‘The stakes feel extraordinarily high’

The high level of Black voter engagement is the result of years of grassroots organizing, with a particular focus on mobilizing new voters — and protecting the vote. The New Georgia Project, which is marshaling young people of color across the state, averages a half-million calls and texts to millennial and Gen Z voters per week, according to its CEO, Nse Ufot.

“People are understanding that they are doing what they have to do, that the stakes feel extraordinarily high,” Ufot said.

Georgia Democrats are building their hopes for a blue Georgia on record early voting numbers and turnout. Early voting among Georgians under 40 is more than three times what it was in 2016, as nearly 600,000 young voters in the state have cast a ballot, according to the New Georgia Project, a nonpartisan group that registers new voters.

And while Black voters are setting records, Asian American and Latino voters in particular will make the difference in the racially diverse Atlanta suburbs. According to data from APIAVote, which mobilizes Asian American voters, the number of AAPI voters in Georgia grew by 43 percent between 2010 and 2016. The Latino population in the state is one of the fastest-growing in the nation, swelling by 118 percent over the last two decades, according to an analysis by the Atlanta Regional Commission.

Despite partisan gerrymandering that contributed to leaving more than 80 percent of Georgia’s state legislative races uncontested in 2016, demographic shifts are turning those suburban Atlanta counties increasingly Democratic.

Johns Creek, an affluent suburb just north of Atlanta and one-time Republican stronghold, which is now nearly a quarter Asian, voted blue in 2018. Gun control activist Lucy McBath, a Democrat and the mother of murdered Black teen Jordan Davis, defeated the Republican incumbent for the 6th Congressional District seat, which includes Johns Creek and other Atlanta suburbs.

“They’re really doing the work,” said Abigail Collazo, a Georgia-based Democratic strategist and former Stacey Abrams spokesperson, of Asian American voters. “They’re not automatically Biden’s supporters. So you’re talking like, not just, ‘Oh, let’s just turn out the AAPI vote. It’s persuasion. It’s mobilization, its representation — and Kamala [Harris].’”

Still, President Donald Trump maintains a hold on his base in rural Georgia counties and whiter Atlanta suburbs, where voter skepticism has also driven an uptick in early votes by absentee ballot. A New York Times/Siena College poll out earlier this month shows Trump and Biden locked in a tie among Georgia voters, as did a CBS News Battleground Tracker poll released Sunday.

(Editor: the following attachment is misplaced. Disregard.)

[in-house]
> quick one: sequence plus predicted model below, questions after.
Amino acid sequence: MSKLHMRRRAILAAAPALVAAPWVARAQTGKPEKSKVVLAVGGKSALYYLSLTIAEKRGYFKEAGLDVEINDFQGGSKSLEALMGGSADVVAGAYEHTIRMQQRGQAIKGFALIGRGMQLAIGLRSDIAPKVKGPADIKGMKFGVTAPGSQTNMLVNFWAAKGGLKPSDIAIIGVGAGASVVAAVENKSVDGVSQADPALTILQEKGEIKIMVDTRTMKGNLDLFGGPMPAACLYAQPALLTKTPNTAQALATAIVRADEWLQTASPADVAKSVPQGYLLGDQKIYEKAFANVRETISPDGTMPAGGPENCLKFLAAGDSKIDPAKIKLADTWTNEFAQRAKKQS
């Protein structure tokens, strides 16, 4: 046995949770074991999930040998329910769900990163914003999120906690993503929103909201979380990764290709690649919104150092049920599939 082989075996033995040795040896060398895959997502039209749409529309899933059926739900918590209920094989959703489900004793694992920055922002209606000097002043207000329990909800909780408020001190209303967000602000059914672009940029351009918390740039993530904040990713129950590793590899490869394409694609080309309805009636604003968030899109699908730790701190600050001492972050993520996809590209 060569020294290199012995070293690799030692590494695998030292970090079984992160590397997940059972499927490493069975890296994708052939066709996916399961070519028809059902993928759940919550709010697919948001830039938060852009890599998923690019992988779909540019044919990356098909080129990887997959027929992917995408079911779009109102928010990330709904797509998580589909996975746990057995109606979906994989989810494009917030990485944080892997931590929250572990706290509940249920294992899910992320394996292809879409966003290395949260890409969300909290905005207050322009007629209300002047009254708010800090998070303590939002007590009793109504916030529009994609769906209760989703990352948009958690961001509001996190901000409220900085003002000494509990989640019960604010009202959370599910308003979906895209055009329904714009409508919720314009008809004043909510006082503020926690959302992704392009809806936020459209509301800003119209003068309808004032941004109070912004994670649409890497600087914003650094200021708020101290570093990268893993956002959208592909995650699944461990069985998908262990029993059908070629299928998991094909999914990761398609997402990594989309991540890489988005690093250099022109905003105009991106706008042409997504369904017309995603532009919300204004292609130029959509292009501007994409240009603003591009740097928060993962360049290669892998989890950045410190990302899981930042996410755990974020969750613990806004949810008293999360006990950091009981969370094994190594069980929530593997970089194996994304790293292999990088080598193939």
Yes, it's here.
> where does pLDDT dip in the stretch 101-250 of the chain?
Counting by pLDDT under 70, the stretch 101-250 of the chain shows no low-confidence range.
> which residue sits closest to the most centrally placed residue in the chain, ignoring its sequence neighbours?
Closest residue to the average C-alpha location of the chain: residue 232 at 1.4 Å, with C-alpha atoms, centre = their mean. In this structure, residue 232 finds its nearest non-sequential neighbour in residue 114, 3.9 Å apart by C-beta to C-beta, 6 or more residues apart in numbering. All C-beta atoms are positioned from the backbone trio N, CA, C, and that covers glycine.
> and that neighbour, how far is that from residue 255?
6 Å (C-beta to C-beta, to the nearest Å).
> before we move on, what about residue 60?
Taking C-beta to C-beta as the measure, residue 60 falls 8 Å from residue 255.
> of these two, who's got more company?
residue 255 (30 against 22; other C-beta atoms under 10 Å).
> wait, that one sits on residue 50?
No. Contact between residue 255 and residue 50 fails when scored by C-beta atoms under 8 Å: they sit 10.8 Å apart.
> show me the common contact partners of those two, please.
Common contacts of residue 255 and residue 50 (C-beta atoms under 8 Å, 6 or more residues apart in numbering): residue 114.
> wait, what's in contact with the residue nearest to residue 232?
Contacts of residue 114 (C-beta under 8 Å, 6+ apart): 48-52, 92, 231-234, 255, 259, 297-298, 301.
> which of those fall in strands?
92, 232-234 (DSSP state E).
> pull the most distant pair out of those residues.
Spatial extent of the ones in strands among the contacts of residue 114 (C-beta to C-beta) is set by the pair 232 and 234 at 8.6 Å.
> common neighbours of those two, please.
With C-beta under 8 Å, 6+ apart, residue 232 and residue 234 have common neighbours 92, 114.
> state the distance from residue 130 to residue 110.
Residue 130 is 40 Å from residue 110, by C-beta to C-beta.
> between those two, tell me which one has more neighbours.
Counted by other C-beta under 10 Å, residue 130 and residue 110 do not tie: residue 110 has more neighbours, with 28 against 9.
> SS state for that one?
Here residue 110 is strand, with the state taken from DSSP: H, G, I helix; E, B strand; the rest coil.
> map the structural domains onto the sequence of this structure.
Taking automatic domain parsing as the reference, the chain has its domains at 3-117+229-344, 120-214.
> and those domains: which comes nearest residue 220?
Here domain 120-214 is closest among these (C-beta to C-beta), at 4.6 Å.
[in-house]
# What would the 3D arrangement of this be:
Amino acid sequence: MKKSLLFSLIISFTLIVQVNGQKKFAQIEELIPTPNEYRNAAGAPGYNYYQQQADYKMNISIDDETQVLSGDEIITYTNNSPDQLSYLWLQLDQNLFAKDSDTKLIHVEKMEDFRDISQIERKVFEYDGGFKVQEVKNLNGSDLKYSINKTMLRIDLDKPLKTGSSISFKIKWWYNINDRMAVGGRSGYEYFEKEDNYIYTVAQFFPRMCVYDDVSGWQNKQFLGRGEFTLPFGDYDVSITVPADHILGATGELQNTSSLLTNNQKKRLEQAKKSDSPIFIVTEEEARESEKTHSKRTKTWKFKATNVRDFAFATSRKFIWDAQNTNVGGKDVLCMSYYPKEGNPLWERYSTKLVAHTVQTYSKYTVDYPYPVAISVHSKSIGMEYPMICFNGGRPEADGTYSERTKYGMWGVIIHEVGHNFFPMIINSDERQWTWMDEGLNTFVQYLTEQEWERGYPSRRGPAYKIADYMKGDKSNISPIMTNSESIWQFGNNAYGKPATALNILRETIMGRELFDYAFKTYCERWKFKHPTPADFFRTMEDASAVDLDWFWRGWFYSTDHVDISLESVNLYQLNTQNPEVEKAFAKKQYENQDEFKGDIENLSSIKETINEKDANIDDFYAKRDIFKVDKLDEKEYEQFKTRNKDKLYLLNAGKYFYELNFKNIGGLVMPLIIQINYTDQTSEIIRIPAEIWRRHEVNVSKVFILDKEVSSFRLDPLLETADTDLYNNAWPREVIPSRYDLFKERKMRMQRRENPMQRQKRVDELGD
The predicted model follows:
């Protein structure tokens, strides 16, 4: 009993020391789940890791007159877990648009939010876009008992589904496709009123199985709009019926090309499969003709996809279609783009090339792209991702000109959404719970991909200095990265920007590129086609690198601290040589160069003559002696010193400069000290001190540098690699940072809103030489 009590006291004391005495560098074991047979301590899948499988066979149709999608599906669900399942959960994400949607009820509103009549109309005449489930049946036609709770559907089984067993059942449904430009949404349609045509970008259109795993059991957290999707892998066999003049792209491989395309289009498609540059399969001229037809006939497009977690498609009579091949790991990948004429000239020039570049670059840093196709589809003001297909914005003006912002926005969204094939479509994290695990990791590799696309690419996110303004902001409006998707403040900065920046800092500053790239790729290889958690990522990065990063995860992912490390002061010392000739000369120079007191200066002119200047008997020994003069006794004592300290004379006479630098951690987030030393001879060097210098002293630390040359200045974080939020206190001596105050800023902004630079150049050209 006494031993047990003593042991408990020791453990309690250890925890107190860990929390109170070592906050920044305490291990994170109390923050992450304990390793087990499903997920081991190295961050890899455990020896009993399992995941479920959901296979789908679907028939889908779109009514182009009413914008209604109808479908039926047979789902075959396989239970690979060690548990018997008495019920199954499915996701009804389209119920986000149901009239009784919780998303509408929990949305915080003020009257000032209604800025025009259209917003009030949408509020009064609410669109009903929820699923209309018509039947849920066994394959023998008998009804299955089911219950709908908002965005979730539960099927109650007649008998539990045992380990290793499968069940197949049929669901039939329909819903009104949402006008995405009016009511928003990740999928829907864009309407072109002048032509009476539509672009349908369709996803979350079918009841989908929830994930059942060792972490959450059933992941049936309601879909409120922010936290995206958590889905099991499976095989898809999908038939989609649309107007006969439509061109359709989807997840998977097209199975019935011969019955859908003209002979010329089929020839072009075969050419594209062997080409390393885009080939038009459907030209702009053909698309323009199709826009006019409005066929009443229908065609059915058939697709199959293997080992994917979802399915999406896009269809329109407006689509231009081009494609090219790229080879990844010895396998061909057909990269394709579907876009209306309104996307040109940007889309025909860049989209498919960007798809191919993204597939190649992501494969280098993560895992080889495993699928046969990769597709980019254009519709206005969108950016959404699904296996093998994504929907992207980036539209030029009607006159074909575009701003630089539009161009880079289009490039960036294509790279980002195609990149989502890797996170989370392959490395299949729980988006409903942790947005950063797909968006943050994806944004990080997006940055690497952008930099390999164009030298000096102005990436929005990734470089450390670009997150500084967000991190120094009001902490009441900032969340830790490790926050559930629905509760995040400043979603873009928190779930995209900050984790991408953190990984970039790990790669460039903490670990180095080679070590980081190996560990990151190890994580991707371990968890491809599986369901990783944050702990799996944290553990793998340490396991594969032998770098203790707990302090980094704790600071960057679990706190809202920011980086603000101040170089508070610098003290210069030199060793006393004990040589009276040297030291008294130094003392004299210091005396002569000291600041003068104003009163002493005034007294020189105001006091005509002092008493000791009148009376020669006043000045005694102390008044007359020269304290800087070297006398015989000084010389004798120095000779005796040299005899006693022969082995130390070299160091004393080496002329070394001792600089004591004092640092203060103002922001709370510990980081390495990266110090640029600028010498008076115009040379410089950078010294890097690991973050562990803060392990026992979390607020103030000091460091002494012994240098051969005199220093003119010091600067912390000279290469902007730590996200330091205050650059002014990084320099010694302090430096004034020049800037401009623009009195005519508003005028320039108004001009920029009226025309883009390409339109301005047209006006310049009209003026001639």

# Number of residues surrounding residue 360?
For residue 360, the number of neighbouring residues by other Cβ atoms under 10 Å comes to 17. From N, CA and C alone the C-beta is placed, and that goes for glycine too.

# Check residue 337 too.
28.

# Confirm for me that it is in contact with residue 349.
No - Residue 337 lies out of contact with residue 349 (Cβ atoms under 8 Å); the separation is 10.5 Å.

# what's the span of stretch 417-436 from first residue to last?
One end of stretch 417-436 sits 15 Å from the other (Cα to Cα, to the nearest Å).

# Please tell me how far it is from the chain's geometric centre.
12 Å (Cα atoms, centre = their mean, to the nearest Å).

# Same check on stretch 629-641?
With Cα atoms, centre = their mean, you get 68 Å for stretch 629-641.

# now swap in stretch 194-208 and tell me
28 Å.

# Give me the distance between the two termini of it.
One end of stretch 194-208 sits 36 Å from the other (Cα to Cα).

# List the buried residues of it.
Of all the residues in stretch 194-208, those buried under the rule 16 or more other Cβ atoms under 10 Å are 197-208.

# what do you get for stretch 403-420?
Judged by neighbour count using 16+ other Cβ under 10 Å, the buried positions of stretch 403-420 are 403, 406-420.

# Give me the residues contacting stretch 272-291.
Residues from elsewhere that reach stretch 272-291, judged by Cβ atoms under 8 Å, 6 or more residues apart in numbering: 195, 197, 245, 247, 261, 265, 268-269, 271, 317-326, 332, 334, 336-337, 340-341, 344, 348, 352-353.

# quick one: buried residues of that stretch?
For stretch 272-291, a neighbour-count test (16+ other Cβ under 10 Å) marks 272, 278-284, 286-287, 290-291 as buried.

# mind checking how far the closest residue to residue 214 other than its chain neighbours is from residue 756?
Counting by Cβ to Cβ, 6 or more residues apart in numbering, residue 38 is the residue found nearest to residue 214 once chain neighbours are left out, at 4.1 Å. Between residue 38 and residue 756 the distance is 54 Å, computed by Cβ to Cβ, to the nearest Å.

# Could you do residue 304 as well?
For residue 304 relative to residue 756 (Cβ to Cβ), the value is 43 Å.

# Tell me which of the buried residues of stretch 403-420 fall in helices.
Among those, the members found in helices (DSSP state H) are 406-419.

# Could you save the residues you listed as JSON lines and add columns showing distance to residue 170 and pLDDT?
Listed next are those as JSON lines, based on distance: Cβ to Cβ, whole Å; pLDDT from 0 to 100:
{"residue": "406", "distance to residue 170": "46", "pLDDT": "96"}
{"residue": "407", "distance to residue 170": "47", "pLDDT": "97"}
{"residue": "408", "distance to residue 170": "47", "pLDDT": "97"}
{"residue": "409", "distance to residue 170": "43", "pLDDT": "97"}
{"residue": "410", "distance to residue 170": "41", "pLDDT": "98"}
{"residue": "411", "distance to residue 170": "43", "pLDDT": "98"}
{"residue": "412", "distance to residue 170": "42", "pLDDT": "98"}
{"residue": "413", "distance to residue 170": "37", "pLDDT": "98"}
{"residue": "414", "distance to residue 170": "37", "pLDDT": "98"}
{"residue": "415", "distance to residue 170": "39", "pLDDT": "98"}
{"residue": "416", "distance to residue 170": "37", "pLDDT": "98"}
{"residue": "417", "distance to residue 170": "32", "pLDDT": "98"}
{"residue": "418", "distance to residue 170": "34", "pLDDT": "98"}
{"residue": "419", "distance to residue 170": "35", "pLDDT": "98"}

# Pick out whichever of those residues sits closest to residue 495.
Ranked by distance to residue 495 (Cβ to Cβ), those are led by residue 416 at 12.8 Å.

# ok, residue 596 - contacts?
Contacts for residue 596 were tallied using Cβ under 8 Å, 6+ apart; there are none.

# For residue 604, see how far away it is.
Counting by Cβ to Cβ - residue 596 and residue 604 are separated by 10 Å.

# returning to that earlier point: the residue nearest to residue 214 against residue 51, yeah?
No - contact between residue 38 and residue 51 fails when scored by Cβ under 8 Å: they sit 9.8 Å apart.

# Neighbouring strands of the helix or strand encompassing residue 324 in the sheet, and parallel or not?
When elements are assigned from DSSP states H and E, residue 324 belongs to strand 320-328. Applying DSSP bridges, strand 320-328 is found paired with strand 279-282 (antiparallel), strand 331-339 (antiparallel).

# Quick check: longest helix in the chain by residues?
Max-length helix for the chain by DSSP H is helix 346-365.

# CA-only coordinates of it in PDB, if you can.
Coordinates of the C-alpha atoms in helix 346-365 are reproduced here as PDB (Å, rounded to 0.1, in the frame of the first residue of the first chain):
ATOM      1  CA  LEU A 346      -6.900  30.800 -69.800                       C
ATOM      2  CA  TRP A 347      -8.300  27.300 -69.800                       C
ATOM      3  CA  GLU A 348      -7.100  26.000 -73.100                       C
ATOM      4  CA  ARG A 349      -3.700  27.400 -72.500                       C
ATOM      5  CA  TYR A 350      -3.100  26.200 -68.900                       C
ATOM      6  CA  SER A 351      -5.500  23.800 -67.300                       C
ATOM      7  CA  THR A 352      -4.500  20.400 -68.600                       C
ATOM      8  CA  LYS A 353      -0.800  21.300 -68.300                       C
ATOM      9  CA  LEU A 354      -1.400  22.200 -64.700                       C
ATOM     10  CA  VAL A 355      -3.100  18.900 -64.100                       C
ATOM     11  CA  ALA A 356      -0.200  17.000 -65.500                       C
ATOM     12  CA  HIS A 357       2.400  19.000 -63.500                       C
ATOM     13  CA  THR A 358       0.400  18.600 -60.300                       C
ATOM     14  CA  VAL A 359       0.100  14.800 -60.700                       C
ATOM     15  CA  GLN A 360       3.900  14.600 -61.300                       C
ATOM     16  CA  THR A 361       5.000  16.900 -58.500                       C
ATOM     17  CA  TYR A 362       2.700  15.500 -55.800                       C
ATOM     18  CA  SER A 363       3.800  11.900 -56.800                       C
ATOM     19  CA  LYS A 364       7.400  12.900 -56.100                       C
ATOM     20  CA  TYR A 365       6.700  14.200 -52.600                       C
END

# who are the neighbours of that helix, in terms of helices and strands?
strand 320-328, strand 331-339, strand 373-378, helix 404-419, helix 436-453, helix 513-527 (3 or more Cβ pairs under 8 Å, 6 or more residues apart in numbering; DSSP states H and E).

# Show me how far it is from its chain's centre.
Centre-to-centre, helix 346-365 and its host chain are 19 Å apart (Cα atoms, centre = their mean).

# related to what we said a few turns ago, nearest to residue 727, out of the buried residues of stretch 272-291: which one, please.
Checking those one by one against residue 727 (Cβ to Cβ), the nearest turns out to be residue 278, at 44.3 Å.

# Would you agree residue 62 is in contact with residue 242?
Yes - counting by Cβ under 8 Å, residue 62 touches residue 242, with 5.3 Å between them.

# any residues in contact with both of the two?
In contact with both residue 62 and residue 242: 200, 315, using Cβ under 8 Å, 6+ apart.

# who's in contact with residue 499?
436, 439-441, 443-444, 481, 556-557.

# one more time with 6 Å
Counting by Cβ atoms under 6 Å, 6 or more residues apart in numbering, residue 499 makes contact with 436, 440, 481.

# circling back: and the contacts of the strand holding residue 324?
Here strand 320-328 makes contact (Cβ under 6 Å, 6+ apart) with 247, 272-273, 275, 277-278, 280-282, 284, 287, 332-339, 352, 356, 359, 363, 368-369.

It’s led state Rep. Matthew Gambill, a Republican whose district includes Cartersville, a northern city in metro Atlanta, to doubt reports of a Democratic sweep next month.

“I think in my area that [voting] has gone very well,” he said, noting improvements in the state’s electronic voting system. “I still don’t see Georgia as a blue state, as some are saying that it is. I’m not 100 percent sure about that. I do still think that Georgia is more of a red state.”

‘A form of voter suppression’

Still, some problems persist — and threaten to make a compound difference in the outcome of the election. The online reporting software that allows voters to view wait times at their nearest polling location have proven faulty, with fast-moving lines falsely showing wait times above 60 and 90 minutes. And despite the state’s mandate to send absentee ballots to all Georgia voters who request them, some at the polls said they haven’t received theirs yet.

Jonie Blount, a Cobb County voter, said she received her absentee ballot in the mail but was wary of mailing it in due to Trump’s attacks on the U.S. Postal Service. But due to an injury, she was unable to wait in line so decided to drop off her ballot in person. She’s still concerned about the safety of her vote. In June, she learned her mail-in ballot for the Democratic primary was not accepted because it didn’t reach her assigned precinct in time.

“I hope that the ballot boxes are secure and there’s no way that anyone can get in and tamper or take out [my ballot],” said Blount, who is Black.

And while lines are faster moving, state officials have yet to designate the adequate amount of voting locations in keeping with state regulations. While Georgia law mandates that voting locations cap the number of people served at 2,000, counties serve well above 3,000 daily in some places, according to data from independent data analyst Ryan Anderson.

“It is a form of voter suppression to massively underfund and understaff and [under]prepare for the turnout that we have. After what we saw in June no one should have been caught off guard that we were going to have a massive, massive early vote turnout,” said state Rep. Erick Allen, one of a handful of Democratic legislators representing Smyrna, an Atlanta suburb. His district saw some of the longest wait times at the polls one week into early voting.

“Either it’s voter suppression or complete incompetence on the planning,” Allen said.